Alfalfa, brome/alfalfa and greenfeed are all estimated to yield 1.4 tons per acre. Producers are evaluating their feed sources and supply for this coming winter. Producers are also evaluating their winter water supply and have begun to haul water.
Scattered rain moved through the east-central region this past week. The Pelly area recorded the most rain this week with 31 mm of rain being received. Other areas received only trace amounts of rain. Soil moisture levels in the region are relatively unchanged this week, if not slightly improved. Cropland topsoil moisture is rated as 18 per cent adequate, 40 per cent short and 42 per cent very short. Hay and pasture land is rated as 14 per cent adequate, 37 per cent short and 49 per cent very short.
Crop damage this past week is mostly due to drought stress and some reports of hail. Producers are busy working cattle, evaluating crop moisture levels and maturity and combining.
Producers in the west-central have started harvest this week and now have three per cent of this year’s crop off. Those that haven’t started combining are evaluating how soon they can start. While the dry conditions make harvest quick, many producers hope that rain will come as soon as harvest is done.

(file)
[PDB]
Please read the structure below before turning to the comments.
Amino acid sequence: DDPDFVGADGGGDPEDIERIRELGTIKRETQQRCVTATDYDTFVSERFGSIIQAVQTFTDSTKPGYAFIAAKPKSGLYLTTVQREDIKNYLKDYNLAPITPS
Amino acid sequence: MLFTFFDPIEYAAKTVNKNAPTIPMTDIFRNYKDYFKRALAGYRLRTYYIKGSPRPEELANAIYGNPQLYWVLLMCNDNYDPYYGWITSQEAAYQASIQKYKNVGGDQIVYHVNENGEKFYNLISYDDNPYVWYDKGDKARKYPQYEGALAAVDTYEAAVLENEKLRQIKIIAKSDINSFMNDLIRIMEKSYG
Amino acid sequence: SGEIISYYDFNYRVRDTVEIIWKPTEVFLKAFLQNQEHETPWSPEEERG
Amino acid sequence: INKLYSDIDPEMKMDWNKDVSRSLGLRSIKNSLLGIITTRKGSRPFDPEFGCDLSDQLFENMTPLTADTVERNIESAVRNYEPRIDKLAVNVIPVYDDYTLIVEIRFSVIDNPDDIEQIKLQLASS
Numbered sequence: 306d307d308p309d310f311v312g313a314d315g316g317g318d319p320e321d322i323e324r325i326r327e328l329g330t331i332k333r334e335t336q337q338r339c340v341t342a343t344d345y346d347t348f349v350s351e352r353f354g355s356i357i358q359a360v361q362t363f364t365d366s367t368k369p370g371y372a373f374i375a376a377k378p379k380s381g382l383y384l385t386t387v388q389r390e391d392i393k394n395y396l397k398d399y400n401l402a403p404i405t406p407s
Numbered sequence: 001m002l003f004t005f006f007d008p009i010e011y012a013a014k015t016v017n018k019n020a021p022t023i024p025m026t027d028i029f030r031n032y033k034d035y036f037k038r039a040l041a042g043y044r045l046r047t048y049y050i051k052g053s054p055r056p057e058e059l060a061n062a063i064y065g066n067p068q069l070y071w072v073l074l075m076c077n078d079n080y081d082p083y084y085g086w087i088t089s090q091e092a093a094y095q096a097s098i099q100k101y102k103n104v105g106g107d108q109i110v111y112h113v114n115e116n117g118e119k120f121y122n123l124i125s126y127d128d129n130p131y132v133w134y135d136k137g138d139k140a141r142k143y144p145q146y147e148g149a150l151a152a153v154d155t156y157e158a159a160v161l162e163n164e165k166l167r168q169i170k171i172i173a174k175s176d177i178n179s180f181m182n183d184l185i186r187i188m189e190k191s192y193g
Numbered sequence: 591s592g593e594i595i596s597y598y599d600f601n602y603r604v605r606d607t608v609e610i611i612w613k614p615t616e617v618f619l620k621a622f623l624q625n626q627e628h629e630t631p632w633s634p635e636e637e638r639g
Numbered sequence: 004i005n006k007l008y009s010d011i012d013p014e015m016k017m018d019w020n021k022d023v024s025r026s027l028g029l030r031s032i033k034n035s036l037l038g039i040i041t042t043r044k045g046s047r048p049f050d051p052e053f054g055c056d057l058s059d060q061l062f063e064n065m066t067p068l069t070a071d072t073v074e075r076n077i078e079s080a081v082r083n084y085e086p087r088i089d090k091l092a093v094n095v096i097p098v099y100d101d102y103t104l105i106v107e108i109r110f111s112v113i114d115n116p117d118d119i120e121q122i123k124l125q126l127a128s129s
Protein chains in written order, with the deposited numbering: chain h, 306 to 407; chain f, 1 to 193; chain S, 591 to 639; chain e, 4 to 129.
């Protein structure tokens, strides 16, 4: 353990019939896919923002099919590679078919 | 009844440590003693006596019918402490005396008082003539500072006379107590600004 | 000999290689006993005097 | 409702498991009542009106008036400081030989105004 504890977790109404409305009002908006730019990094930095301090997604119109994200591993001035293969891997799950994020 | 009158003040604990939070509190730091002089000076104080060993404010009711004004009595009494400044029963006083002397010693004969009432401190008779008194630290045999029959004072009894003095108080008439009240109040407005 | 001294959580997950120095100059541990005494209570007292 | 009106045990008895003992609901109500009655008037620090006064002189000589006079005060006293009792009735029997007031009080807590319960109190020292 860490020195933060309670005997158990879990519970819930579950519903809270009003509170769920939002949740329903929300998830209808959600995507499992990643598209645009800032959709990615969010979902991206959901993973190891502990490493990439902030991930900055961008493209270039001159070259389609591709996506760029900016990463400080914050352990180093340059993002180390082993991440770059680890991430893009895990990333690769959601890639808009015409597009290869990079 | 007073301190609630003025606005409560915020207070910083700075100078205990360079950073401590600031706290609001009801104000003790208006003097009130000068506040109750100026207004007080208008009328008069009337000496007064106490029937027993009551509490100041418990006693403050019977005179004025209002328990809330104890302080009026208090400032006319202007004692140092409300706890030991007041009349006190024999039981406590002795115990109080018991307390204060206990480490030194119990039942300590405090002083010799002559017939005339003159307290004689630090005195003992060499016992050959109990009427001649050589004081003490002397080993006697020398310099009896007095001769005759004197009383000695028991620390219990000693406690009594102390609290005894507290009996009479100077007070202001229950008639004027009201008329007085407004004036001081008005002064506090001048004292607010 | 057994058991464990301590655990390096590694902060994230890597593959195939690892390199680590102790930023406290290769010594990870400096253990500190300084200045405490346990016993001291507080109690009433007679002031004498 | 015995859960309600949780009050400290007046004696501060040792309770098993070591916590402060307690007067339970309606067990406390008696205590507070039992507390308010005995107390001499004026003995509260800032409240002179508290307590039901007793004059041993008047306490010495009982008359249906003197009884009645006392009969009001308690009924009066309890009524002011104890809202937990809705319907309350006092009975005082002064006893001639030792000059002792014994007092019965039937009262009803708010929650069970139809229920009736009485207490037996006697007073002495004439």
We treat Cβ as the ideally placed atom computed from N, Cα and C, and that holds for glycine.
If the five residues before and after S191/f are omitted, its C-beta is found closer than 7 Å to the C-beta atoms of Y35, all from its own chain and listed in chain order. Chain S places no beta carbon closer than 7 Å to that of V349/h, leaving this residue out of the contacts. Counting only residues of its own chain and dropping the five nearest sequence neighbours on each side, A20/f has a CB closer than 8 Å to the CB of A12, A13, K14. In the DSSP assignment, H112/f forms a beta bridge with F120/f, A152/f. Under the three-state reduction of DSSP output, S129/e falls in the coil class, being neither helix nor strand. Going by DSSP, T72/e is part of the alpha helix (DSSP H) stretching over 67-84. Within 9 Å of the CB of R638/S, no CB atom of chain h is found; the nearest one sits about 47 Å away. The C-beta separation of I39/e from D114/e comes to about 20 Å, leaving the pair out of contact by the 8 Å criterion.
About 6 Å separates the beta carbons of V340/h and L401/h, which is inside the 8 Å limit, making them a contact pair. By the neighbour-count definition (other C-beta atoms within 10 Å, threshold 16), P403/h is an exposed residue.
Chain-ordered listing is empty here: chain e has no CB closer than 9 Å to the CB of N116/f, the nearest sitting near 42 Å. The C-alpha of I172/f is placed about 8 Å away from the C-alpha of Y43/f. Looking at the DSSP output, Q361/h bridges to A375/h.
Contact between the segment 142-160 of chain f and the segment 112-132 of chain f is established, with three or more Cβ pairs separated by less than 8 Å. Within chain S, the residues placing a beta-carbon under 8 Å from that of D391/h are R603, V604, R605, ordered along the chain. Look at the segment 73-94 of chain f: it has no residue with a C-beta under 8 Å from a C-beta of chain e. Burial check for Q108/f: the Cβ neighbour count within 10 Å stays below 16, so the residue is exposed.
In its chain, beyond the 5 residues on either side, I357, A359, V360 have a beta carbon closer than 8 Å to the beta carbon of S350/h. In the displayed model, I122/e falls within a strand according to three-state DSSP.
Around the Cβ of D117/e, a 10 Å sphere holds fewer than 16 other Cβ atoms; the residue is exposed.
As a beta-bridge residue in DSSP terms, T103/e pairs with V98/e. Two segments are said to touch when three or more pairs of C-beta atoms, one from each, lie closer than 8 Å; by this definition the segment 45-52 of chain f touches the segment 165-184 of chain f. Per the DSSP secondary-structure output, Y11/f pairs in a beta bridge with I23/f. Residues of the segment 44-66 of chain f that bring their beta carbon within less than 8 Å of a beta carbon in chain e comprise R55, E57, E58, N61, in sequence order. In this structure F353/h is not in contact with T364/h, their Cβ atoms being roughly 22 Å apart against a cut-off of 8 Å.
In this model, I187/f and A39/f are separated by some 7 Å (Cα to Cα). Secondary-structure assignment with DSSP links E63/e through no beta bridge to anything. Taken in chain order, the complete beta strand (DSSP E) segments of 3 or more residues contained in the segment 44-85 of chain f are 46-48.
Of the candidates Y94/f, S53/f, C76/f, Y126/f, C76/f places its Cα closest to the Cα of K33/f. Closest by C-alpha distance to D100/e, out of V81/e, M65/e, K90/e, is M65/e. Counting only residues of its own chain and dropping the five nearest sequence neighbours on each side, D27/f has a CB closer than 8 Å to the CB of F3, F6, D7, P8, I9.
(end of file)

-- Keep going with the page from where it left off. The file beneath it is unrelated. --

Producers have had their attention focused on getting the fall cereals off and now have 28 per cent of the fall rye and 64 per cent of winter wheat harvested. Pulses are ripening and progress is being made harvesting field peas and lentils, both with eight per cent harvested. Oilseeds are still maturing and little crop has been harvested.
Producers are closely evaluating their hay and winter feed supply. Hay yields for the region are estimated at 0.7 tons per acre for alfalfa and brome/alfalfa. Other tame hay and wild hay are estimated to yield 0.5 tons per acre, while greenfeed is estimated at 0.9 tons per acre. Under irrigation, hay yields are improved for alfalfa (2.2 tons per acre), brome/alfalfa (2.0 tons per acre), tame hay (2.0 tons per acre) and green feed (1.2 tons per acre). Sileage is estimated to yield 2.5 tons per acre.